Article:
2. Most know this phrase from the Big Sugar song All Hell for a Basement.  When that song was first played on the radio, my cousins in Ontario started asking if we had basements out in Alberta or what the deal was.  The song is actually the ballad of an itinerant worker moving to Alberta to find work.  Big Sugar is quoting Rudyard Kipling, who when touring southern Alberta, wrote, “This part of the country seems to have all hell for a basement, and the only trap door appears to be in Medicine Hat.”

The Big Sugar line is: I have lost my way / But I hear tell / Of a heaven in Alberta / Where they’ve got all hell for a basement.

Great lyrics…

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Perogies

This post was originally published on January 6 (Orthodox Christmas!), 2013.  Re-published today for those that took my session at Eat Alberta 2017.  The only difference between what we did at Eat Alberta and the recipe below is that we used Sylvan Star medium gouda instead of orange Cheddar.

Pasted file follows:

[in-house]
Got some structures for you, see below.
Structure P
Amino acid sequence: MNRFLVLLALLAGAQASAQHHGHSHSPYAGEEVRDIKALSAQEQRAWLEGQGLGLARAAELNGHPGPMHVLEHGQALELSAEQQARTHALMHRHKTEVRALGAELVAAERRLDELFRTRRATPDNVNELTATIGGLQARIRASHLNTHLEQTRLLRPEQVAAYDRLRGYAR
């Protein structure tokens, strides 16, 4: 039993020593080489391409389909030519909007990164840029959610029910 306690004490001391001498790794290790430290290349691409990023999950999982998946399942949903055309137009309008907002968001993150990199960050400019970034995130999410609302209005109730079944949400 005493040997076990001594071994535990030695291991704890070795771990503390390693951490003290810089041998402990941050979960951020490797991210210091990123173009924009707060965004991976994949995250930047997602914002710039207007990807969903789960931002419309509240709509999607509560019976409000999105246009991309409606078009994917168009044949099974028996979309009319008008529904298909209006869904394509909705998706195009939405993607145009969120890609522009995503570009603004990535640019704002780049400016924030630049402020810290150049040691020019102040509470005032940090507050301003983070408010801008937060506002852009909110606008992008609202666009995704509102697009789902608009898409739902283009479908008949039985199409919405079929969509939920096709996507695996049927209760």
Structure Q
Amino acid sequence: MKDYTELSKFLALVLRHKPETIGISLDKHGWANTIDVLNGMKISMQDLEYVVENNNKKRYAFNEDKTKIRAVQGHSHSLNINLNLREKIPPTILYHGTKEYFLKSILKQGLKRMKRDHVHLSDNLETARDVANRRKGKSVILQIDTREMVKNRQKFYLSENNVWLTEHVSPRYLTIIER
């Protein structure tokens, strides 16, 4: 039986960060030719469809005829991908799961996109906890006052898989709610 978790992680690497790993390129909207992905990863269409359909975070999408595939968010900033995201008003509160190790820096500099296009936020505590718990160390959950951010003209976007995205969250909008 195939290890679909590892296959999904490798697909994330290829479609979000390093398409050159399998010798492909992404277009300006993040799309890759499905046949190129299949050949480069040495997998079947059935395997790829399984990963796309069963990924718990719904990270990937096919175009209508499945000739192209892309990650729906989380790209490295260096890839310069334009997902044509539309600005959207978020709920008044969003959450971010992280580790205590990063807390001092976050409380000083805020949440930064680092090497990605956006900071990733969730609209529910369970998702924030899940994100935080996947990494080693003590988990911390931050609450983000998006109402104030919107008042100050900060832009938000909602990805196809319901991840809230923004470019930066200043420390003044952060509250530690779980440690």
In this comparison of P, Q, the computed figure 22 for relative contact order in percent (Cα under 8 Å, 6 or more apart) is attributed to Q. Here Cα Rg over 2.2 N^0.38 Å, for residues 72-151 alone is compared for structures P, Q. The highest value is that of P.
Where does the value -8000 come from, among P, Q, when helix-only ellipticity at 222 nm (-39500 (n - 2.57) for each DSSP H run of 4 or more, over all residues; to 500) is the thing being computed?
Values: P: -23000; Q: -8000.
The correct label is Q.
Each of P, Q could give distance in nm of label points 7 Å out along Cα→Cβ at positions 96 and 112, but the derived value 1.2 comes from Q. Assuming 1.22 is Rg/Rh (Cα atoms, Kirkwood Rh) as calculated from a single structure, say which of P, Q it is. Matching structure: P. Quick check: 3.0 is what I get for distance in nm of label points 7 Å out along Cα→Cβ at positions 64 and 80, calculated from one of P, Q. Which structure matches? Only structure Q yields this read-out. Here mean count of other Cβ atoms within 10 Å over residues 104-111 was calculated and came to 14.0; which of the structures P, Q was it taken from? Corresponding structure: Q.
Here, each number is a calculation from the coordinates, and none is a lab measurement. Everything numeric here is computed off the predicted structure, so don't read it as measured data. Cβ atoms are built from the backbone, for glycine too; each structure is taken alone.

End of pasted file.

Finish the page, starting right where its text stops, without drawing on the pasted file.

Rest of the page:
Perogies!There are as many recipes for perogies[1] as there are babas in the world.  Some pillowy perogies have potato in the dough, as well as the filling.[2]  Others are made with a simple dough of flour, sour cream, butter, and eggs.  This is what I prefer…

This afternoon I made perogies, then ate four dozen of them, giving me ample opportunity to contemplate their mysteries.

The Dough.  Full recipe is below.  I whisk together the sour cream and eggs, then slowly add the melted butter while whisking.  The flour goes into the bowl of a stand-mixer fitted with a paddle attachment.  I slowly add the liquid mixture to the flower as the paddle attachment stirs on the lowest speed setting.  As soon as a fairly smooth dough has formed we’re done mixing.  I then wrap the dough in plastic wrap and let it rest at room temperature for at least two hours.